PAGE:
2. Loxley Court
Loxley Court is named after Benjamin Loxley, a carpenter who helped build Independence Hall among other places. He lived at #2 Loxley Court, the key for which was used by Ben Franklin in his famous kite flying experiment. The kite and the key have absolutely nothing to do with Methodism though, so let’s move on!
No. 8 Loxley Court is a house number that is no longer in this courtyard, but local historians believe it was the house tucked in the corner furthest to the northeast facing south. This was the second place where Methodists met before they began gathering at St. George’s. (Their first meeting place was on Dock Street to the East.) Number 8 Loxley Court was a tavern or “pot house” that the Methodists took over in 1768. They held prayer meetings on the first floor. Sometimes a preaching service would be held with the preacher in the second story window addressing people gathered in the courtyard and somewhat shielded from the noise of horses, wagons, and people jostling along the cobblestone streets. They didn’t meet here very long because they were growing too fast. In 1769 the Methodists were able to purchase the building which is now St. George’s. Many Methodists also continued to attend local Anglican churches – especially St. Paul’s which was born out of the fervor of revivalism itself in 1761. (We’ll be walking by St. Paul’s later in our tour.)
The home-like atmosphere of Loxley Court is an especially good setting for us to think about what made Methodists tick. The Methodist movement was personal – even intimate – in its expectations that members of a society (what today we might call congregations) hold one another accountable in their pursuit of holy living. One of the things early “class meetings” – small groups of people – would read together was John Wesley’s General Rules which set forth expectations for being a Methodist. The General Rules were crafted by Methodism’s founder John Wesley and are still found in the United Methodist Book of Discipline. With many details for upright Christian behavior left out here’s what it says:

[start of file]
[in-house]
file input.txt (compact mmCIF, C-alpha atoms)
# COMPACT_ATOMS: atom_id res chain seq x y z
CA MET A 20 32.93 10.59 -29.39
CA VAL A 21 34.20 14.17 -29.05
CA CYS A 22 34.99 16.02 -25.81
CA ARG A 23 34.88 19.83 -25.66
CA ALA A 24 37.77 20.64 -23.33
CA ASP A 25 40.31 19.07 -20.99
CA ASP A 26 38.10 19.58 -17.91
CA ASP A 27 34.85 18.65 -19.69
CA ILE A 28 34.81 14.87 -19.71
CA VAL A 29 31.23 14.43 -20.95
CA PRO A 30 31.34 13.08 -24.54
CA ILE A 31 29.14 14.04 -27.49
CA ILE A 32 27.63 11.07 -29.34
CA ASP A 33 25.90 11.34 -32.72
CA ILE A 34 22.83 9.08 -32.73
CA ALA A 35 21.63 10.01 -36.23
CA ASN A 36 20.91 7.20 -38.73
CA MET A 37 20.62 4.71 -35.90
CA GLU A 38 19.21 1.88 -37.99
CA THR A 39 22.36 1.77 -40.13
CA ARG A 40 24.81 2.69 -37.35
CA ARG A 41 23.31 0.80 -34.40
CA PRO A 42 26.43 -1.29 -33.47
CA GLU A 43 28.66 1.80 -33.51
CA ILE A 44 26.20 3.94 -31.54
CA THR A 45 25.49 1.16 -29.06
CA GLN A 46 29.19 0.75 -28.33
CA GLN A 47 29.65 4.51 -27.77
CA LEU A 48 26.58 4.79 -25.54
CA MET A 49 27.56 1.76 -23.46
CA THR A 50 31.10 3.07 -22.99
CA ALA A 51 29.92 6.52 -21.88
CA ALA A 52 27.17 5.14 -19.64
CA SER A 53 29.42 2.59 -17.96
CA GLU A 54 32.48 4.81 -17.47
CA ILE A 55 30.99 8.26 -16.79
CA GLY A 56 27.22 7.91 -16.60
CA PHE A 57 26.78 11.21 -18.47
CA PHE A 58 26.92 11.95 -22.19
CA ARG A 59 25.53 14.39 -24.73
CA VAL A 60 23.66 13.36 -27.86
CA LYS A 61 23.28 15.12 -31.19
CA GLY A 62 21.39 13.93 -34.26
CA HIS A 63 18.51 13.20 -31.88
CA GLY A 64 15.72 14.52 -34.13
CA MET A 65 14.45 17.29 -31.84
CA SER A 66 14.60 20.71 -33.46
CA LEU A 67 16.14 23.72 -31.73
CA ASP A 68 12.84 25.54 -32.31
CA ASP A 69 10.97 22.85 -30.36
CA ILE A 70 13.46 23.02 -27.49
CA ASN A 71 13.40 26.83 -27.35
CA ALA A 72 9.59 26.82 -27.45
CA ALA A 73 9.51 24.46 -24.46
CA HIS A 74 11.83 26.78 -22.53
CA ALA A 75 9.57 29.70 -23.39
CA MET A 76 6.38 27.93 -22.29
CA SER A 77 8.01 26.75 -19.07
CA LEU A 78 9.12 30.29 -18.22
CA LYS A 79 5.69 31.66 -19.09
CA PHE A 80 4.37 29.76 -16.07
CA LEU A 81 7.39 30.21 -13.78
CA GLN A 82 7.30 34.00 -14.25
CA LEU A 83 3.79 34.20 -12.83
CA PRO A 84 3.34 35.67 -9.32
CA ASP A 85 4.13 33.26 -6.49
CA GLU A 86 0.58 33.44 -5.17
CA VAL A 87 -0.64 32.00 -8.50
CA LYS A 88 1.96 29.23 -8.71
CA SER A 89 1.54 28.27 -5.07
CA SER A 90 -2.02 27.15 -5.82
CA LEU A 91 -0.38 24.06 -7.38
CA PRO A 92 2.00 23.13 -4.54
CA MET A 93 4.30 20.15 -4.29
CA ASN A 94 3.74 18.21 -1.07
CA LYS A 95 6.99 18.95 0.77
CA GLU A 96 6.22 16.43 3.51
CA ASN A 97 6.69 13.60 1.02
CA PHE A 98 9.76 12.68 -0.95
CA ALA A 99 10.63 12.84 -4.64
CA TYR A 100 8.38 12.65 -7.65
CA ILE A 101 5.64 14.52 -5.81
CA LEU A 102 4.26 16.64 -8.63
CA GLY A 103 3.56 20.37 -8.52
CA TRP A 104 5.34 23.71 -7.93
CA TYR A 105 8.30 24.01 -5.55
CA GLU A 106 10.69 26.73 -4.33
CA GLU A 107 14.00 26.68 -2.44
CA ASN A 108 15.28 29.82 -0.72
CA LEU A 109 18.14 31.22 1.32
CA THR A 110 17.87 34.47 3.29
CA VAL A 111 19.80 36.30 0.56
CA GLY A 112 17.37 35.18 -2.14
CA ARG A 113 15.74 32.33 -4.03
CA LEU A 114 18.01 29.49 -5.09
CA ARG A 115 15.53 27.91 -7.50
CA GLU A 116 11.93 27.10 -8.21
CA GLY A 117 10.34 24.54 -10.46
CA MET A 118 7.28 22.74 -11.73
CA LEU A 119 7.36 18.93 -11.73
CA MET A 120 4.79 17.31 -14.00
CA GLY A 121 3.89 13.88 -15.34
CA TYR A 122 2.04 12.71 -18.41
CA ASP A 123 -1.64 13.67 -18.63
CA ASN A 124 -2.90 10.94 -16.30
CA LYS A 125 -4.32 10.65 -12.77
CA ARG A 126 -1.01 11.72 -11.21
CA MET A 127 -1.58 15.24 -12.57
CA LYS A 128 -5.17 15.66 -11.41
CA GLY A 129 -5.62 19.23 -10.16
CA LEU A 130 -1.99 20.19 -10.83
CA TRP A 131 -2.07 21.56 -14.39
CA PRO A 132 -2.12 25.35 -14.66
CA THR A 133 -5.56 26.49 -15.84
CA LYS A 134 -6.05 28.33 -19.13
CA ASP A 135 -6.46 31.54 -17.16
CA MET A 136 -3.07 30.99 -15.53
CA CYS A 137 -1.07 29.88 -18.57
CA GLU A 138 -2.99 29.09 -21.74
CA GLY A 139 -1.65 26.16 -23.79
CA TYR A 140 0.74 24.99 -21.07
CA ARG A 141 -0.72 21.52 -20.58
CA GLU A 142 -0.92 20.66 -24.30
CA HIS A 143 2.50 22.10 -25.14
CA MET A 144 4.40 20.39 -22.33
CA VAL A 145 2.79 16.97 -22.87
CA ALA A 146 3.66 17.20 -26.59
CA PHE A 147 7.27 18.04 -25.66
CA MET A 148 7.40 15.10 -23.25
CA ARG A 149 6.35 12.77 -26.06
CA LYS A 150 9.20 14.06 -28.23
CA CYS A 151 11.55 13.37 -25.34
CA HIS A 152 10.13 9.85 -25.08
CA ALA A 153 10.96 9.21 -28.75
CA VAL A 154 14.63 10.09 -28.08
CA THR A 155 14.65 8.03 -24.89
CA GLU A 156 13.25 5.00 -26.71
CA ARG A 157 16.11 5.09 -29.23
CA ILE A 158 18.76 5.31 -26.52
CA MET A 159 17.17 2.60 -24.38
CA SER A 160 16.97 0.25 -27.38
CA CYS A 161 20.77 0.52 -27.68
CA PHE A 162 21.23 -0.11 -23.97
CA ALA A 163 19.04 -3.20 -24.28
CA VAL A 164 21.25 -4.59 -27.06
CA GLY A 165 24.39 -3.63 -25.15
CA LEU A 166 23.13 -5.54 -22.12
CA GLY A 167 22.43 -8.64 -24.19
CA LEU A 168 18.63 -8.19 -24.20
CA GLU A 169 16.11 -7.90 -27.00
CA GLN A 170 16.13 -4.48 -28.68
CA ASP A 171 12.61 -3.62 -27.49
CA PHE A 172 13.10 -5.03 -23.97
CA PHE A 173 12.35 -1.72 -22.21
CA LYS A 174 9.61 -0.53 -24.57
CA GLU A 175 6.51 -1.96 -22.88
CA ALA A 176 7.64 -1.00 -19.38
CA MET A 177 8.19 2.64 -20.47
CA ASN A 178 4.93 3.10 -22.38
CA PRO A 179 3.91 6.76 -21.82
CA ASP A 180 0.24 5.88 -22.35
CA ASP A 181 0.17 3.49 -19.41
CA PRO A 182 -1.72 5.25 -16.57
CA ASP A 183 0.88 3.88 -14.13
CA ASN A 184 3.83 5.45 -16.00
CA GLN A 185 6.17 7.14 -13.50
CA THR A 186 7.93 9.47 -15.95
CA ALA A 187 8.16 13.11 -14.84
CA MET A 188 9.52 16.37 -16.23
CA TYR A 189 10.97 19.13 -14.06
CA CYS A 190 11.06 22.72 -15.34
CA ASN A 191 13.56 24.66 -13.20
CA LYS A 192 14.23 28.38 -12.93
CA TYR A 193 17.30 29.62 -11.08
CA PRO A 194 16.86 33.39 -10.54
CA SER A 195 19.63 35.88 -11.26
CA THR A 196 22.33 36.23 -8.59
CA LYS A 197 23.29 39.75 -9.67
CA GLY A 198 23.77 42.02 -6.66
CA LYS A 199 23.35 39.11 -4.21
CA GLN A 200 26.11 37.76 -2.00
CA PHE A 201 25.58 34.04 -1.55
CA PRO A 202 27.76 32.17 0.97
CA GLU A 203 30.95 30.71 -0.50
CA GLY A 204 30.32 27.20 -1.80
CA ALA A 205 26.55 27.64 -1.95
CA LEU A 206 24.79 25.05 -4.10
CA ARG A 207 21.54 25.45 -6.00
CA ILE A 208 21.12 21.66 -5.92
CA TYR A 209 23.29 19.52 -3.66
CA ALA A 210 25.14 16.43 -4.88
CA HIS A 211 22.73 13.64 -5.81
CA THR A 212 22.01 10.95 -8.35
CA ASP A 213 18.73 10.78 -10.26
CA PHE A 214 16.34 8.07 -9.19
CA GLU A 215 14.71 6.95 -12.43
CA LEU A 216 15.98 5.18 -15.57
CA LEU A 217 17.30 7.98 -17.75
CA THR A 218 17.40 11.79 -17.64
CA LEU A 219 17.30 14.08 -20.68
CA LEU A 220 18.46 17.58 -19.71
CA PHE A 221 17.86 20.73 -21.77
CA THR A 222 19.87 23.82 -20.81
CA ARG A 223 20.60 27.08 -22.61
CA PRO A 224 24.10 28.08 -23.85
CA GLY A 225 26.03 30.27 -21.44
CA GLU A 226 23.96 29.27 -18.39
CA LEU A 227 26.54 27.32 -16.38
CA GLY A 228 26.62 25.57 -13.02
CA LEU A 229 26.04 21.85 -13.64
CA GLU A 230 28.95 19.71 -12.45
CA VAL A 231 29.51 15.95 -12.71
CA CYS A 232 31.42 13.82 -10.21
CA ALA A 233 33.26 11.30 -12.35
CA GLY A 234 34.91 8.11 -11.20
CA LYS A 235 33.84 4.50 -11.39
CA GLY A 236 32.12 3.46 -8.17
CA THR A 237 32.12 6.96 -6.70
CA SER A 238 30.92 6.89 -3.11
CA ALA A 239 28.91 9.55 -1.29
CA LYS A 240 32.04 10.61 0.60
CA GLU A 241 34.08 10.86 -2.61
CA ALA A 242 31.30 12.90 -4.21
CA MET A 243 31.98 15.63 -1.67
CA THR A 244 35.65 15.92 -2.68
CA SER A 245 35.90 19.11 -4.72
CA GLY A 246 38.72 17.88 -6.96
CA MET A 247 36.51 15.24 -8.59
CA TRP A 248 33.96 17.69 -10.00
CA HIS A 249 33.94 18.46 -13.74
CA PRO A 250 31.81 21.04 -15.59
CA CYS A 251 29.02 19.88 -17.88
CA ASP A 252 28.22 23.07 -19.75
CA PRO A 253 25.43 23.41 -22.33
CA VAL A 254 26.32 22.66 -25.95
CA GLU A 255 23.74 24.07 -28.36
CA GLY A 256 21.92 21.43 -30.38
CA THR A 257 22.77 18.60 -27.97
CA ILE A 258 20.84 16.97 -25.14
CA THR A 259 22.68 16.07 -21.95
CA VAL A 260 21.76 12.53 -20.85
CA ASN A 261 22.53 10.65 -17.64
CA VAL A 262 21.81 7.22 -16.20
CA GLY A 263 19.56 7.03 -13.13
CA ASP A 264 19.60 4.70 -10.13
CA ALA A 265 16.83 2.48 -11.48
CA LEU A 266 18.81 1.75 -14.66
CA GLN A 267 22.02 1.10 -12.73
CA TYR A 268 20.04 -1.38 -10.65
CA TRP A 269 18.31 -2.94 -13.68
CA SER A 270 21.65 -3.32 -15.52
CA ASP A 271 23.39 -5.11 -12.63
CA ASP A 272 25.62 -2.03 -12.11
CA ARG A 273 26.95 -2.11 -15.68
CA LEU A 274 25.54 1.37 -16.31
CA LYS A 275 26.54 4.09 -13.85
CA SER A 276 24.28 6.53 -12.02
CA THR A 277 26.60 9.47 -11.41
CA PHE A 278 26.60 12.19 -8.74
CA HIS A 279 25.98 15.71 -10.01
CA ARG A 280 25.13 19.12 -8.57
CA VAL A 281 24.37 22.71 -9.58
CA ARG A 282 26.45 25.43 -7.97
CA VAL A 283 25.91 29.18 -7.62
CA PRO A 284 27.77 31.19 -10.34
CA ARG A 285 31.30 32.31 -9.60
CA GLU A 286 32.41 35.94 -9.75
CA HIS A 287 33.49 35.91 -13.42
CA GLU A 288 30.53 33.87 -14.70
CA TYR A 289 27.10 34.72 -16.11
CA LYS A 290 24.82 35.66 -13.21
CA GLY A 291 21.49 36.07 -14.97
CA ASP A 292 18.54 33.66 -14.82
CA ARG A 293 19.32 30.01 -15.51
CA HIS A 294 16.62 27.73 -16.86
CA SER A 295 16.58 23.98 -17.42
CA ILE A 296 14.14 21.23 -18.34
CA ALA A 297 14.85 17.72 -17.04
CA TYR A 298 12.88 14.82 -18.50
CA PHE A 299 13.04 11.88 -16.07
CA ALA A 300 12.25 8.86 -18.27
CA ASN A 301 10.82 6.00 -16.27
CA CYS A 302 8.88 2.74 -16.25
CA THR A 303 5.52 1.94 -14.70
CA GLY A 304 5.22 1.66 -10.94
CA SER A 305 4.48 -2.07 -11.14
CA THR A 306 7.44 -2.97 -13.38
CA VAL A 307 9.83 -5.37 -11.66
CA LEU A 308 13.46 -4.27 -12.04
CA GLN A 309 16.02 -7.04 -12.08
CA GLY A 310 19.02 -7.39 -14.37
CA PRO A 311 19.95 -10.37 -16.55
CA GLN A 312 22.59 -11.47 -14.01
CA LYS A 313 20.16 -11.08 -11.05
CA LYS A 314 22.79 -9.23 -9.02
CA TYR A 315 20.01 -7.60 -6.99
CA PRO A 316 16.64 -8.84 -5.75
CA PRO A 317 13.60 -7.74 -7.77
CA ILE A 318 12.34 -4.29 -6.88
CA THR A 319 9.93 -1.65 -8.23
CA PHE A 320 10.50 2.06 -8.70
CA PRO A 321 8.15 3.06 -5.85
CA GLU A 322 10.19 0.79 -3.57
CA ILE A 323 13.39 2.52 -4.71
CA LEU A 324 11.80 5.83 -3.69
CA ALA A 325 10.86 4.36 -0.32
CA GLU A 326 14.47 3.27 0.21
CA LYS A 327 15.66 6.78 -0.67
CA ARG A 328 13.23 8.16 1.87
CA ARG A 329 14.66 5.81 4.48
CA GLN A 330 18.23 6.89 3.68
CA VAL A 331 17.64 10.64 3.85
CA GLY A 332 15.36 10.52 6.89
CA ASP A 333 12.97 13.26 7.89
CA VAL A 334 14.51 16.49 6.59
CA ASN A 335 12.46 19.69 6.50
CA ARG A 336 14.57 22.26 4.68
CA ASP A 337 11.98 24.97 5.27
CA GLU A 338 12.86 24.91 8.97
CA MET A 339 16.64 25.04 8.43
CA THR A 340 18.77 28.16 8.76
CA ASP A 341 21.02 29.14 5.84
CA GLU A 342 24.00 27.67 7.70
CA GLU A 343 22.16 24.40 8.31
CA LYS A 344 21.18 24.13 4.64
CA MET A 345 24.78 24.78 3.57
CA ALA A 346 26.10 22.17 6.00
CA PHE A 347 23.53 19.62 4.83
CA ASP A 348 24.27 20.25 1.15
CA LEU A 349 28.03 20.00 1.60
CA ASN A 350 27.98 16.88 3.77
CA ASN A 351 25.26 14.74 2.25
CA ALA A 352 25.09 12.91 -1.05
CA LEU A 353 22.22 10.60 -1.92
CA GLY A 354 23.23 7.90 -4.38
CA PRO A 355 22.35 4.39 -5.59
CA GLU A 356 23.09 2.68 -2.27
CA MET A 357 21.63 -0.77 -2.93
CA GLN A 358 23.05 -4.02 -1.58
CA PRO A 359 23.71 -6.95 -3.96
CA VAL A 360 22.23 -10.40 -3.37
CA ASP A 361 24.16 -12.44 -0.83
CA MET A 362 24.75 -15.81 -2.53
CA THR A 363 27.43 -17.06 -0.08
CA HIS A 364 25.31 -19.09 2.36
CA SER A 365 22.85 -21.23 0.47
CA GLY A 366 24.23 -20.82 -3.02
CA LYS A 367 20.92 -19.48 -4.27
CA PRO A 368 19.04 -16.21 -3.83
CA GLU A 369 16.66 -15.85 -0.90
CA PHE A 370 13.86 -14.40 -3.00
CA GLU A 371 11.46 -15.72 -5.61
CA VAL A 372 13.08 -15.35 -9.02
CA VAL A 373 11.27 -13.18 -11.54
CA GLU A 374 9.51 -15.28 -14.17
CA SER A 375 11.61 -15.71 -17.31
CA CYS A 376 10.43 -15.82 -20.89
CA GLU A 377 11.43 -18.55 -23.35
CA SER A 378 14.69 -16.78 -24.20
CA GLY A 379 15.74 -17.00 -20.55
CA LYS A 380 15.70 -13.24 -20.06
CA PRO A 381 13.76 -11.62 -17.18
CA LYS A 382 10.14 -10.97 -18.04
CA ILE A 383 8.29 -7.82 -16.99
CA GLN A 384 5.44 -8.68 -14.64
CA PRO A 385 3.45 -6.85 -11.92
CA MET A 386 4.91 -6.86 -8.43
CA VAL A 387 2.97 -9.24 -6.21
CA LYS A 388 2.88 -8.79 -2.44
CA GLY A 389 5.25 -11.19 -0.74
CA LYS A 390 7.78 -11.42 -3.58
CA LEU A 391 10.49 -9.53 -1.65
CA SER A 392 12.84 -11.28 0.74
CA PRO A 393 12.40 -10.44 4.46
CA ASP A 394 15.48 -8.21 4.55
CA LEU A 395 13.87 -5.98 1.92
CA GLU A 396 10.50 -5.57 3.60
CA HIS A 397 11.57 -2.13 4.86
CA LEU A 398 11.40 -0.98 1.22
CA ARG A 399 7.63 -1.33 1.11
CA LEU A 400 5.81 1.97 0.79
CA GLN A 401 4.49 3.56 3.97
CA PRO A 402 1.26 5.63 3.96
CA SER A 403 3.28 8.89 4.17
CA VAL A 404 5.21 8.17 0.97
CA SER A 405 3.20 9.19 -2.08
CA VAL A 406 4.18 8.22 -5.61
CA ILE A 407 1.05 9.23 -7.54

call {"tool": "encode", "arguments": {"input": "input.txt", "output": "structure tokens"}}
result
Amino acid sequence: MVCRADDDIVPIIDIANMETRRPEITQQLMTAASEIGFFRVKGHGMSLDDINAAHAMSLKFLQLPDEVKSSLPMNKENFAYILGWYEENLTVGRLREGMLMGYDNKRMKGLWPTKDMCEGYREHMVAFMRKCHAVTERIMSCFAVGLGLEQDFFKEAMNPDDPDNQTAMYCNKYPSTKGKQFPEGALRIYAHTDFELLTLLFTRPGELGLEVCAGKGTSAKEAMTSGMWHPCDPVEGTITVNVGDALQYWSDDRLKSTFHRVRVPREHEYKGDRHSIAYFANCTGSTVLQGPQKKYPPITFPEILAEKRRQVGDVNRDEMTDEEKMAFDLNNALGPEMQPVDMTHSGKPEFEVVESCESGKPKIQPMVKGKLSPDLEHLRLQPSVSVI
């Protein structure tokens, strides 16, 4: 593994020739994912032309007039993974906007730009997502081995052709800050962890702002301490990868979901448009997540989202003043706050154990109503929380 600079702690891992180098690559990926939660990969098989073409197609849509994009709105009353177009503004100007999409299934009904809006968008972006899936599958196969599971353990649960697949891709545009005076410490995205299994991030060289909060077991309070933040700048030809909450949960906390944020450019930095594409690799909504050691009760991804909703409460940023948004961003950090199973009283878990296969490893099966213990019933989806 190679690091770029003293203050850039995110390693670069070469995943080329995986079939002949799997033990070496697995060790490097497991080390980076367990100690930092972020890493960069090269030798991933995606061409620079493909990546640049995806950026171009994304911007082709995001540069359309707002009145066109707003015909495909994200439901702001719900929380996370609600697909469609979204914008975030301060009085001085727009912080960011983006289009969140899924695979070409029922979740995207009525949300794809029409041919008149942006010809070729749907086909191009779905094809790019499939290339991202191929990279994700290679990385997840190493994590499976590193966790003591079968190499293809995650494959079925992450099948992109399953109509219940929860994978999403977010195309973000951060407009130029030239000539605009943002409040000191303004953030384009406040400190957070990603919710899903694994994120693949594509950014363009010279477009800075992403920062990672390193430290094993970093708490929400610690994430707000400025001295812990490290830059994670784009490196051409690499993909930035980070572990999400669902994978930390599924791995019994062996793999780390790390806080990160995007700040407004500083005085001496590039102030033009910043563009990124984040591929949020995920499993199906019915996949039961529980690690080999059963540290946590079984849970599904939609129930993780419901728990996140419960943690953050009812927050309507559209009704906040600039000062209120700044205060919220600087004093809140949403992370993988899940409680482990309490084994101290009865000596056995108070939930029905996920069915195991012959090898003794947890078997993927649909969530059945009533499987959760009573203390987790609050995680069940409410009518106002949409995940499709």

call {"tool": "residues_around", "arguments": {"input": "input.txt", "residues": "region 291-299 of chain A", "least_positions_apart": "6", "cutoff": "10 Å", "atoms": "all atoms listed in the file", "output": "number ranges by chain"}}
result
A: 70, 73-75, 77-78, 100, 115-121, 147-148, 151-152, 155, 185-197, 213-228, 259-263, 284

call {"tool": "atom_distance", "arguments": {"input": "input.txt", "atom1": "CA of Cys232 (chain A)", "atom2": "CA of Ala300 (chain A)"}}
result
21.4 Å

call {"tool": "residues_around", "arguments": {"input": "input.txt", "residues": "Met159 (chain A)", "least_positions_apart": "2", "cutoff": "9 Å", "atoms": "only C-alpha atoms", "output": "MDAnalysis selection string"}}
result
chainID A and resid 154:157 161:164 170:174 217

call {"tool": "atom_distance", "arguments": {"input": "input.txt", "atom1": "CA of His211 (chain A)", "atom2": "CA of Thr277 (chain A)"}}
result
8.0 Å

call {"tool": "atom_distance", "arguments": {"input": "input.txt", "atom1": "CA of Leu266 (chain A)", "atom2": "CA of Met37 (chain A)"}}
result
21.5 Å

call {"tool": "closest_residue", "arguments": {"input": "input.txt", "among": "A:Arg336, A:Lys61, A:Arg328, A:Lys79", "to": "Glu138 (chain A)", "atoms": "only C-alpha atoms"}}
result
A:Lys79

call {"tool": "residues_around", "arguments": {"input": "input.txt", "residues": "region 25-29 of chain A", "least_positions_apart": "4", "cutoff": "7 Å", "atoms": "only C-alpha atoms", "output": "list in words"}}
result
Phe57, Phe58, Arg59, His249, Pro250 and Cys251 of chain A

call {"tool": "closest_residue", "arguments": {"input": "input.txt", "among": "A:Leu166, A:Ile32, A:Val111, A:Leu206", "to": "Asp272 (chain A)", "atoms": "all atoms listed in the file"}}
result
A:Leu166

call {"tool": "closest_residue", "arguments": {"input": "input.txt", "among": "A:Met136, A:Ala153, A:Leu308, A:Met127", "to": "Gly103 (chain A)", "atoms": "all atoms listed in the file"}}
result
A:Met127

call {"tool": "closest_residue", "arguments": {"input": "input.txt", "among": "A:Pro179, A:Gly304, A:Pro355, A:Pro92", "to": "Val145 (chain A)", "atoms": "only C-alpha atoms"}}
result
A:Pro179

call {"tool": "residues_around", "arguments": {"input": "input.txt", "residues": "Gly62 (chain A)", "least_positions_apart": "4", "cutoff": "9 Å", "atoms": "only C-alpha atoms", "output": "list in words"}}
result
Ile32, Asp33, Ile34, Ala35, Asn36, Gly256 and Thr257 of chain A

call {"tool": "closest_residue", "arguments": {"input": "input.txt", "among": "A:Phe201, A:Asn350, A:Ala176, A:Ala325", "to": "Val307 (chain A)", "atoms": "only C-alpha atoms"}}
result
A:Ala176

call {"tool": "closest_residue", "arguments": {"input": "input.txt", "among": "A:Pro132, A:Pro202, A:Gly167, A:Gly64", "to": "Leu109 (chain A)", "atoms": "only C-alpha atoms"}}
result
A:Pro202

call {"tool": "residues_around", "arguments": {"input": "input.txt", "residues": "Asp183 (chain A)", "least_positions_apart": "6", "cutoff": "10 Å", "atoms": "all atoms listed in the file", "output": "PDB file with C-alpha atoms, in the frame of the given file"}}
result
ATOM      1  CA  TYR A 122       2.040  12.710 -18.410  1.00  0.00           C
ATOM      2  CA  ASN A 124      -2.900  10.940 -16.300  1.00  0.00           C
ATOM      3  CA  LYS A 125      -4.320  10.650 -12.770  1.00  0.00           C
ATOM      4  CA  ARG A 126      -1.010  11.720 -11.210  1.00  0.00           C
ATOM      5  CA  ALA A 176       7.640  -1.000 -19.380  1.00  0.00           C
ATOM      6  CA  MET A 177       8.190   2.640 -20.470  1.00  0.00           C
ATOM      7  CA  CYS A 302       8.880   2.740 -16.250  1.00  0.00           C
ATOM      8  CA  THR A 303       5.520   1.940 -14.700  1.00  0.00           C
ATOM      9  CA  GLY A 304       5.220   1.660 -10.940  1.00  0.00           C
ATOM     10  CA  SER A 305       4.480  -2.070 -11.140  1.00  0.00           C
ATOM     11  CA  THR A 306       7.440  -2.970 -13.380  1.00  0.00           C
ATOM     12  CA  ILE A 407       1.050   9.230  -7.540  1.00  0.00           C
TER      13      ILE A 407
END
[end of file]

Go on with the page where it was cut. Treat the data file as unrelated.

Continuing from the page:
There is only one condition previously required of those who desire admission into these societies: “a desire to flee from the wrath to come, and to be saved from their sins.” But wherever this is really fixed in the soul it will be shown by its fruits. It is therefore expected of all who continue therein that they should continue to evidence their desire of salvation, First: By doing no harm, by avoiding evil of every kind, especially that which is most generally practiced…[a list follows] Second: By doing good; by being in every kind merciful after their power; as they have opportunity, doing good of every possible sort, and, as far as possible, to all men….[a list follows] Thirdly: By attending upon all the ordinances of God…[a list follows]. And all these we know [God’s] spirit writes on truly awakened hearts. If there be any among us who observe them not, who habitually break any of them, let it be known unto them who watch over that soul as they who must give an account.
People were drawn to this stress on holy living, an emphasis in serious Christian discipleship they sometimes found lacking in other churches.